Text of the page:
The set does not include a human head for him, nor even a skull, but it does have two pumpkins. Carved with a wickedly grinning jack o'lantern face, both versions have a socket underneath so they might be used as heads. One is plain, while the other has gouts of flame bursting from the eyes and trailing up from the rear. The flames are translucent, fading from yellow to red as they leave the interior of the pumpkin. If you want a skull, or any other head, really, Mythic Legions has plenty to spare.

Though the clothes are mostly black, there's enough color on the toy to keep it from looking overly dark: all the silver studs on his top, the purple for his pouches and tie, and the white collar. Plus, the lining of his cape is red, and both pumpkins are a dark orange if you choose to have those in place.

Mythic Legions pieces mean Mythic Legions articulation: balljointed head (if you choose to use a head, that is) and waist; swivel/hinge shoulders, elbows, wrists, hips, knees, and ankles; and swivel thighs and forearms. The cape has a posing wire arong the sides, so you can have that moving dynamically around him as well. For once, we get a Mythic Legions cape that just makes sense, rather than needing to be interpreted like signs from the Oracle: take the big collar off, hold the cape in place, put the collar back on. Done.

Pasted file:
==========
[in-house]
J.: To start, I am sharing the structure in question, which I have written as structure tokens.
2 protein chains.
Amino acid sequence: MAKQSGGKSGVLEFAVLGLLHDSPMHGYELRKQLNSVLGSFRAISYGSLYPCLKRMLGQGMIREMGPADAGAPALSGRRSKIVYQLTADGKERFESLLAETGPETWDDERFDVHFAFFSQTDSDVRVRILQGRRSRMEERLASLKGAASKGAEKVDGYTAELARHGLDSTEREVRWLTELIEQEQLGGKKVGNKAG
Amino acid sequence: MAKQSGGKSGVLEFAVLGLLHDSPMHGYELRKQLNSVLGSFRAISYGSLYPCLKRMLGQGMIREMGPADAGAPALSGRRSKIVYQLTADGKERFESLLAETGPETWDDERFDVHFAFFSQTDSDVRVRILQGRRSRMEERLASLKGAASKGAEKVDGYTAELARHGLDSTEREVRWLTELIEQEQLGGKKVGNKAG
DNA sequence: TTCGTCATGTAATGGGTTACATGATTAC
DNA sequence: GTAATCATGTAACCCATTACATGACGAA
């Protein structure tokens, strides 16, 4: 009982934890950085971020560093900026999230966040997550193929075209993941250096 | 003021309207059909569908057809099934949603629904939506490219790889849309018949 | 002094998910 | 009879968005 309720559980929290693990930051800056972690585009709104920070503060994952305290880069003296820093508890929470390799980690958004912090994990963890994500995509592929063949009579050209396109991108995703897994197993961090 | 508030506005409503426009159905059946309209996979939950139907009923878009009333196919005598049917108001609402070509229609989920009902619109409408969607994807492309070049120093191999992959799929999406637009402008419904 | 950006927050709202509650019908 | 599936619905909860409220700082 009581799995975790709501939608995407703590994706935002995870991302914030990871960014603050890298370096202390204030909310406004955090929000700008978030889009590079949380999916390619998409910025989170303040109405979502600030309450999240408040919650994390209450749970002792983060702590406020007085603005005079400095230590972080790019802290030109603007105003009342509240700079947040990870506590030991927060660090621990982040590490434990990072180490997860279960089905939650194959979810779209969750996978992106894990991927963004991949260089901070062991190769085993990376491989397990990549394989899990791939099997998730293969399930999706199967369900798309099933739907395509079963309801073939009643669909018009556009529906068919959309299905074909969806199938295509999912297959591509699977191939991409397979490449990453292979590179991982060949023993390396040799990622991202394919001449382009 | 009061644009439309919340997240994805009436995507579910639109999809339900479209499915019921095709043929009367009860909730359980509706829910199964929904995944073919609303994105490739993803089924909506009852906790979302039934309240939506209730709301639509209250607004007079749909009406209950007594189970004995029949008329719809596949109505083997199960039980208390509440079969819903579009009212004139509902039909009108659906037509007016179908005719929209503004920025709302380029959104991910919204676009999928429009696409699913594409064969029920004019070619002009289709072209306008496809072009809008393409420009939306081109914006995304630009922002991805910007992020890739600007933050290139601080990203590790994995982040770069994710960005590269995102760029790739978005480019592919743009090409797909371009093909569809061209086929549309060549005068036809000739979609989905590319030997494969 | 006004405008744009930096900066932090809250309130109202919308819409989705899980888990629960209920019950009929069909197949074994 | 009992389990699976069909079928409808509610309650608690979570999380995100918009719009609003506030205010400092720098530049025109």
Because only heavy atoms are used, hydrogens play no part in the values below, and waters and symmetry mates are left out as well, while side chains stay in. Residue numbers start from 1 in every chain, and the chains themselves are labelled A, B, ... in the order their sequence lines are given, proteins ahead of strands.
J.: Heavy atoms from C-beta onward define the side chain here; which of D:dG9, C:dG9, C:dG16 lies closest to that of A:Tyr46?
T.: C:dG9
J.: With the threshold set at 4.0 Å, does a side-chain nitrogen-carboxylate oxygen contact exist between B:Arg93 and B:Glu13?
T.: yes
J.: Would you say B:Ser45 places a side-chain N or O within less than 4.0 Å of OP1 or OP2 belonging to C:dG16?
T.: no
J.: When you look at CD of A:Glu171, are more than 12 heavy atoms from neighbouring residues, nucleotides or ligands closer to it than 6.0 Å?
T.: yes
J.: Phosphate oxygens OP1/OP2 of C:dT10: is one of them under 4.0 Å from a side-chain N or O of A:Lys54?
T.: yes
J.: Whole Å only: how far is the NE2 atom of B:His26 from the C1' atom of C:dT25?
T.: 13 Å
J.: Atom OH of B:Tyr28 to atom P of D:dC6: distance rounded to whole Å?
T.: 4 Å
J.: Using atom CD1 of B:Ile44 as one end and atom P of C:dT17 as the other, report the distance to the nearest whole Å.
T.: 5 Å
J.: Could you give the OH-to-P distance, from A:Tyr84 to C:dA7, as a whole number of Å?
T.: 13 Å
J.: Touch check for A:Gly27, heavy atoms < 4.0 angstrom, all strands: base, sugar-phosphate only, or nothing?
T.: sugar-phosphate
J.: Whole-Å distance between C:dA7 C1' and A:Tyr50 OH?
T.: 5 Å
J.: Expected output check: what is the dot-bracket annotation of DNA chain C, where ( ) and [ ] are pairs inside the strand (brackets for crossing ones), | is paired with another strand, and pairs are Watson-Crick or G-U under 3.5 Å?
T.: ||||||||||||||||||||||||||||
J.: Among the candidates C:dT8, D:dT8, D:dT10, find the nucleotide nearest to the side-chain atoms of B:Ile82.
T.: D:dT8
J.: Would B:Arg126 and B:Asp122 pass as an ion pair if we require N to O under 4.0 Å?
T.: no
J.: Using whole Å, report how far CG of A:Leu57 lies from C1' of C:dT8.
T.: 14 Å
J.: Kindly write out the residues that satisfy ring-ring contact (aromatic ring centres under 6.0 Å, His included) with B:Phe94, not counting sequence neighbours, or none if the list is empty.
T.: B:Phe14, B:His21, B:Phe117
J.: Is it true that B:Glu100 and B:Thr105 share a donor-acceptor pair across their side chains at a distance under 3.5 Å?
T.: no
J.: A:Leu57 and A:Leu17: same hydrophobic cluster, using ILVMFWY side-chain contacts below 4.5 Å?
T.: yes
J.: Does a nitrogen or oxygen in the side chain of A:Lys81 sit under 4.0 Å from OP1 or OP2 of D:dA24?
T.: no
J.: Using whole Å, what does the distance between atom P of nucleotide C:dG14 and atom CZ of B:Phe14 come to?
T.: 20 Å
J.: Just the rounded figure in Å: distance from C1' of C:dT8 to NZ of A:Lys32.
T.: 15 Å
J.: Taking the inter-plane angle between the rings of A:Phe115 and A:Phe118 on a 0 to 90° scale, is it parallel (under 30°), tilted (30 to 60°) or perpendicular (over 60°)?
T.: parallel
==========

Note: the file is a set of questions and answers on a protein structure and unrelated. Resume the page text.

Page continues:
The Horseman only has one weapon, a simple, plain sword. That's all he needs, really. There's also a decent assortment of hands, including one that's brand new: it's a right hand, molded with the fingers fully open and a large balljoint in the palm; you can plug a pumpkin head on there and have him hold it out before him! How clever! The weight of a head will make the wrist want to spin upside down if you don't have it balanced carefully or braced against something.

The horse is the same mold as Aethon, of course, done in black just as the story describes. Its mane and tail are brown, and to make it look unearthly and mystical, its eyes and hooves are an impressive red.

Movement is typical for the horse mold: head, neck, tail, shoulders, elbows, wrists, hips, knees, ankles, and toes. You get your choice of either calm or billowing manes - yes, the hair is just as modular as every other part of the toys.

Nate Baersch handled the artwork for the packaging, naturally, giving us a big cool wraparound with a portrait of the Horseman on the front and a creepy view from the woods on the back. The insert behind the figures in the box is the bridge Ichabod believed would save him from this grim specter, so you get your choice of two perfect backdrops for displaying your toy. Love it! Only drawback is the pair of them are so tall when he's riding that he'll stick up above the top of the scene if you don't plan ahead. So it goes.

I got the Krampus because "yay, neat figure, let's support the Four Horsemen"; I got the Headless Horseman because he matters to me. This set is expensive, but it includes several new and unique pieces and a gigantic horse, so it was never going to be cheap. It would have been enough if they'd done a base similar to the World of Warcraft Headless Horseman, but getting this iconic horror character in such a good form is absolutely welcome. Now if you'll excuse me, I have a book to listen to.

-- 10/16/22